Legislators in rural Siskiyou County, Calif., voted to secede from the state,
rekindling a secession movement dating back 70 years.
"We need to build consensus and keep the momentum going," said Supervisor Brandon Criss, after the Board of Supervisors in the far northern county voted 4-1 Tuesday to secede from California.
The vote, in a county where many say they are resentful of a government that prioritizes big city needs over theirs, has a precedent, the San Francisco Chronicle reported Thursday.
Talk about forming a new state began in 1941, when four sparsely populated counties in northern California - Siskiyou, Modoc, Shasta and Del Norte - and adjacent Curry County, Ore., declared themselves the state of Jefferson.
The movement was sparked by angry miners and loggers who advocated paved roads and felt disconnected from state representation. The group wrote a declaration of independence and designed a green state flag featuring a double-X to signify double-crossing from the Oregon and California capitals, the newspaper said.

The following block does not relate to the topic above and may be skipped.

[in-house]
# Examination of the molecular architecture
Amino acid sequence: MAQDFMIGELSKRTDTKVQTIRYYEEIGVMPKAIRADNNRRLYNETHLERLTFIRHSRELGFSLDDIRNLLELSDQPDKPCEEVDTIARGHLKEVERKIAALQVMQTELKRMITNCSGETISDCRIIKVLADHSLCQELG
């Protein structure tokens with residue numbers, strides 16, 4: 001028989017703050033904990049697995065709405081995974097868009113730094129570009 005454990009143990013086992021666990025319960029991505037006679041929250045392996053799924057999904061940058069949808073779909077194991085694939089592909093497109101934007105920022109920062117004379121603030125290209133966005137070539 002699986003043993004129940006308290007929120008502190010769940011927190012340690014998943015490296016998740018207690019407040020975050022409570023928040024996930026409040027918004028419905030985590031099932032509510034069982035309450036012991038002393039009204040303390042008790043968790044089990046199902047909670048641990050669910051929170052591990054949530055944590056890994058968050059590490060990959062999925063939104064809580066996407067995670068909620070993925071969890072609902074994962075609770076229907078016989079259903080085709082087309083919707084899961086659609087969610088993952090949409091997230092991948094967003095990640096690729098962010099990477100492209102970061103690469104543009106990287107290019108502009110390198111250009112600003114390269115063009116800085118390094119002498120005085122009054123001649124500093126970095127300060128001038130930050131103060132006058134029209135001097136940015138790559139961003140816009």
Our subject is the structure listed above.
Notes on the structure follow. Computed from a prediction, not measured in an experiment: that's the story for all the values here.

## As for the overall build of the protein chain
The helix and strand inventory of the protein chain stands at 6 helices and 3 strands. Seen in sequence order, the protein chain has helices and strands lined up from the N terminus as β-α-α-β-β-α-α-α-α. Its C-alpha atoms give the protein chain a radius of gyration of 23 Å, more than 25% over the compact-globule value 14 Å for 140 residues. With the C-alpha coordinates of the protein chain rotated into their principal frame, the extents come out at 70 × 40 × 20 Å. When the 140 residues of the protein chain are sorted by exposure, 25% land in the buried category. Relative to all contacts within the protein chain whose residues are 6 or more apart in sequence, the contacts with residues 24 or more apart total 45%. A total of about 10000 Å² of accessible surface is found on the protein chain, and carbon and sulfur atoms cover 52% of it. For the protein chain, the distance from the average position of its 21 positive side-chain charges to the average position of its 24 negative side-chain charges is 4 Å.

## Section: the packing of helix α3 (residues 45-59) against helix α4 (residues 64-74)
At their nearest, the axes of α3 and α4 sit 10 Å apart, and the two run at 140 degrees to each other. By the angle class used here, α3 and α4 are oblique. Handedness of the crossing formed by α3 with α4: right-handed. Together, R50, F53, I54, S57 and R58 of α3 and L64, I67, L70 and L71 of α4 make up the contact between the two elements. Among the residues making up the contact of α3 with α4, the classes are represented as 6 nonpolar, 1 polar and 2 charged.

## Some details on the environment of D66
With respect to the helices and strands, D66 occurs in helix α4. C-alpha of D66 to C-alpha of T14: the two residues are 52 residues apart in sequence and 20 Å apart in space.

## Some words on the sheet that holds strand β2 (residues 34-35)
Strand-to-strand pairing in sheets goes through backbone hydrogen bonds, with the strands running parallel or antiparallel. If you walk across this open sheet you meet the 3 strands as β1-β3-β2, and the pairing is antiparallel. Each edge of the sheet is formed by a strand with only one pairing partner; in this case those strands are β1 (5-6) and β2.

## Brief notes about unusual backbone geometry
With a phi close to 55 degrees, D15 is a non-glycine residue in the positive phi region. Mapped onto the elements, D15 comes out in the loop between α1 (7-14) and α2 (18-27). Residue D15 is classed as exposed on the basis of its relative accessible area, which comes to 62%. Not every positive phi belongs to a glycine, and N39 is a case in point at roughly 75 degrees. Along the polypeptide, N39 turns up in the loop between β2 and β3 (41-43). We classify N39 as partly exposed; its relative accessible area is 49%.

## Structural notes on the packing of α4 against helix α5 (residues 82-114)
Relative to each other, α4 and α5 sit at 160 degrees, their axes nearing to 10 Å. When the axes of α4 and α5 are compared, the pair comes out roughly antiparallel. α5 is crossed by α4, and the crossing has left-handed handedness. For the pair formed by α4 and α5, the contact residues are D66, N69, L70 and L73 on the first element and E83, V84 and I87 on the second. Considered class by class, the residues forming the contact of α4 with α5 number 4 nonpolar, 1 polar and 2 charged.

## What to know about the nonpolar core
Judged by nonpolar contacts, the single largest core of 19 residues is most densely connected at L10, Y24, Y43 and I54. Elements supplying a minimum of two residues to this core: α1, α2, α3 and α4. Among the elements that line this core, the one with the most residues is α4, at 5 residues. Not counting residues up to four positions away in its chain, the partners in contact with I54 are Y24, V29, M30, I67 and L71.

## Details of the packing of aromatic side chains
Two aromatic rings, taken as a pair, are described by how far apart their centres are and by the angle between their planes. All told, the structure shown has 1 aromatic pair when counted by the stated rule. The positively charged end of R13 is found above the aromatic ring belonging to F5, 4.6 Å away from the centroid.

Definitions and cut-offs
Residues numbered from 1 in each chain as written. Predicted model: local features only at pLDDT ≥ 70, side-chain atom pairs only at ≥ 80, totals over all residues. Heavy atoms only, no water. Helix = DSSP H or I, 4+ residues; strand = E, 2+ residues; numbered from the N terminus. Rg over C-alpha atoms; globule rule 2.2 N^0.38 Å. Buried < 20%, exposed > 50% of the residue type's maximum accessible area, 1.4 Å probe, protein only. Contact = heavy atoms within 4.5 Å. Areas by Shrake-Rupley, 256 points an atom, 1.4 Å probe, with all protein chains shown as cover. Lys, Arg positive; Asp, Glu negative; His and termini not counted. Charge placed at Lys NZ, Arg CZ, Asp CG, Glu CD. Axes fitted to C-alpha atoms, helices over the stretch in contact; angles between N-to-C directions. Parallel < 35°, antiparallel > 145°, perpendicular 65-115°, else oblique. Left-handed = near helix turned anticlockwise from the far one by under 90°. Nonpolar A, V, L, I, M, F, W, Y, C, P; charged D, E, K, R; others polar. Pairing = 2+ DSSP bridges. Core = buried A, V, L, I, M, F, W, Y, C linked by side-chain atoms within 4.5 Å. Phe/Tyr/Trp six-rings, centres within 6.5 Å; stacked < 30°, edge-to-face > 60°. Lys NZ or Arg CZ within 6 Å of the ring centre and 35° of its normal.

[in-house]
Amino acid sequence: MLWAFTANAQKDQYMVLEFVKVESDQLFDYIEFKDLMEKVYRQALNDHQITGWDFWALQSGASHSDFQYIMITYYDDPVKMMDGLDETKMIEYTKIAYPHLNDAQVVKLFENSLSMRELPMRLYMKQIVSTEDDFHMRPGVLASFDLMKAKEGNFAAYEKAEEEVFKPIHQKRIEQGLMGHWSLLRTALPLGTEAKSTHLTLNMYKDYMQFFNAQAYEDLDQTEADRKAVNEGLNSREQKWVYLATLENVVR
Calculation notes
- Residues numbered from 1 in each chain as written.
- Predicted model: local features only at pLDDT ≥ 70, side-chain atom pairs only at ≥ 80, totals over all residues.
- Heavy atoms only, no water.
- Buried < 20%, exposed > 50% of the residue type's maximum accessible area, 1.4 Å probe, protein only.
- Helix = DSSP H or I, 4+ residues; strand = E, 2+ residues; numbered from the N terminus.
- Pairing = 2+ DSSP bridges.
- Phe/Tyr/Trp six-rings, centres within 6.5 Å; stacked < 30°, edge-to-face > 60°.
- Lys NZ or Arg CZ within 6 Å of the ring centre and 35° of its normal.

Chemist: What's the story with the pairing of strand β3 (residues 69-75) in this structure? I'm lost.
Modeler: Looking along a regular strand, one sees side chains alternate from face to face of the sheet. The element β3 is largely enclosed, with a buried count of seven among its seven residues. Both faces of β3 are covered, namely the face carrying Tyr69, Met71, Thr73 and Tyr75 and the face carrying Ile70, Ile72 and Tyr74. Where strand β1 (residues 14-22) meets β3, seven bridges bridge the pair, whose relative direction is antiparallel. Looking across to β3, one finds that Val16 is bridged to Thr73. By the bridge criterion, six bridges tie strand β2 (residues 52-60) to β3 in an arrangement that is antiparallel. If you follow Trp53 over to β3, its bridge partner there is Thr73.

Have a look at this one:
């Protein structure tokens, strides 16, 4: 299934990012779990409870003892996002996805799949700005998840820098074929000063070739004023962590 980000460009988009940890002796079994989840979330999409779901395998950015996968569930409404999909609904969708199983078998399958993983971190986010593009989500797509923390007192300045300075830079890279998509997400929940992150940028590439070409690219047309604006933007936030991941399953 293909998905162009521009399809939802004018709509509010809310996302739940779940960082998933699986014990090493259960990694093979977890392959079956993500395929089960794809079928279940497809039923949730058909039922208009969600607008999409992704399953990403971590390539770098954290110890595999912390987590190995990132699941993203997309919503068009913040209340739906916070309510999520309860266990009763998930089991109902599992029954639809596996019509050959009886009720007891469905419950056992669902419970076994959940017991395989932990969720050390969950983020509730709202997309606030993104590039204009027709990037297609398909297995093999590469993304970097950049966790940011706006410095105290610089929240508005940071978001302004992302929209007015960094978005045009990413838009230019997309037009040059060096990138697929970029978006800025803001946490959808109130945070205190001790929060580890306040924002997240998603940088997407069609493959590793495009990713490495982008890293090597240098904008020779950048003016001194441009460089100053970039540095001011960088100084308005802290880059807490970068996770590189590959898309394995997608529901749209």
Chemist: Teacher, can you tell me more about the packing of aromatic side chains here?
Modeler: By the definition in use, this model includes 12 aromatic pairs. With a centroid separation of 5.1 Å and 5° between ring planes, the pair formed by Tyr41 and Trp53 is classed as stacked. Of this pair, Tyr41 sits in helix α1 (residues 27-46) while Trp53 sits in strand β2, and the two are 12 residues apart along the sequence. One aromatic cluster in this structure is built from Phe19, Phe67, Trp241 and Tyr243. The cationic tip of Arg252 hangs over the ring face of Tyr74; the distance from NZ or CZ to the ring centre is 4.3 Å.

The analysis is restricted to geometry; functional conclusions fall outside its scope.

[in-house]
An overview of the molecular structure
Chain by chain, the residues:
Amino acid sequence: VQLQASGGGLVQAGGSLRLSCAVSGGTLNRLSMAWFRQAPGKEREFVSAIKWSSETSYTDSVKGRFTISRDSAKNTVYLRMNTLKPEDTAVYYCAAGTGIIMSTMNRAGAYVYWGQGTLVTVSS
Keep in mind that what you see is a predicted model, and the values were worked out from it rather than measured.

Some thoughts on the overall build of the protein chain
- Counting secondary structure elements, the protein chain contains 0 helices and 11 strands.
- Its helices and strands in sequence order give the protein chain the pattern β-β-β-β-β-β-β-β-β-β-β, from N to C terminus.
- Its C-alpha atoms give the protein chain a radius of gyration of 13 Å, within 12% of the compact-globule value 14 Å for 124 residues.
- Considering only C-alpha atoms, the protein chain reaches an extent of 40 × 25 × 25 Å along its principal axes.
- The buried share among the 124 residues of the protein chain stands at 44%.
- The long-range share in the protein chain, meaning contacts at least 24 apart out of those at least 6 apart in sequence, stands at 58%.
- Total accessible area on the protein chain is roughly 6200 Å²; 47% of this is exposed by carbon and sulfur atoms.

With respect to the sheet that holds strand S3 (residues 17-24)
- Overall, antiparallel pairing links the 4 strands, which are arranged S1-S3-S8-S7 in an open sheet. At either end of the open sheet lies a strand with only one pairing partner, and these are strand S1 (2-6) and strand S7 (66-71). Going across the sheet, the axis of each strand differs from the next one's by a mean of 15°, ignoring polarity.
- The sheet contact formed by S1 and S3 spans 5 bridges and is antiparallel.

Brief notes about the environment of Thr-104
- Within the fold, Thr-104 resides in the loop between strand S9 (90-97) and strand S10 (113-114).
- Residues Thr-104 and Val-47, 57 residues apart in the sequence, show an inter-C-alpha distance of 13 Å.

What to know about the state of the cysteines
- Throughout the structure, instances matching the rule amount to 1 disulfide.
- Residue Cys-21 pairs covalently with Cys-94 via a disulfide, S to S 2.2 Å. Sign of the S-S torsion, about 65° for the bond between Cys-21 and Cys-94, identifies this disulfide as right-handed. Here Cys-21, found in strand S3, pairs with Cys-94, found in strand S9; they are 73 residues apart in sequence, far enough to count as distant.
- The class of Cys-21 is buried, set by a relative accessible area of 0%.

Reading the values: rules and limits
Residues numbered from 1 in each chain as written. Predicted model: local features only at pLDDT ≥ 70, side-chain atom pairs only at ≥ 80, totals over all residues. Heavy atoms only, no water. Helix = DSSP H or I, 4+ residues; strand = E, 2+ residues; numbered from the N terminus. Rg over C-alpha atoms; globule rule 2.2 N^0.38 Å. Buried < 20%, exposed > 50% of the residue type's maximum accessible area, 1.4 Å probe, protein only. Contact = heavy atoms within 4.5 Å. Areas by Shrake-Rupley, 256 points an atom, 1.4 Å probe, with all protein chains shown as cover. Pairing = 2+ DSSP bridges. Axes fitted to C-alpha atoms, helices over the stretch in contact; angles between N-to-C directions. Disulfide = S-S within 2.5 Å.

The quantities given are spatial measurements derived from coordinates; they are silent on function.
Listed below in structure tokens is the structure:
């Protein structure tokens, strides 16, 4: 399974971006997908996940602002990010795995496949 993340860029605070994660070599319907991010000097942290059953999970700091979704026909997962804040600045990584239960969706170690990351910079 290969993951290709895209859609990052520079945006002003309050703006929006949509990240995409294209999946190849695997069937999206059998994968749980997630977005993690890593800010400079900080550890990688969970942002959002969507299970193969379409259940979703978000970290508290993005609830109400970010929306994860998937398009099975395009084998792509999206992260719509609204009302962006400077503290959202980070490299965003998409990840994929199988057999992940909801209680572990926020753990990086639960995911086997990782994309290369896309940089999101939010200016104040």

The drive was stalled by the outbreak of World War II, but residents say they still feel overlooked by state government.
"We just don't seem to have any control over our government," said Siskiyou supervisor Marcia Armstrong, who voted in favor of secession. "It's governing like we're subjects. It's supposed to be self-governance, and it's not."
The dissenting voter on the board, Ed Valenzuela, said the region missed its chance for statehood in the 1940s, and now relies heavily on state funding.
"It's a romanticized notion at this point," Valenzuela said. "It's going to be too much time and effort for what's not going to be a likely scenario."
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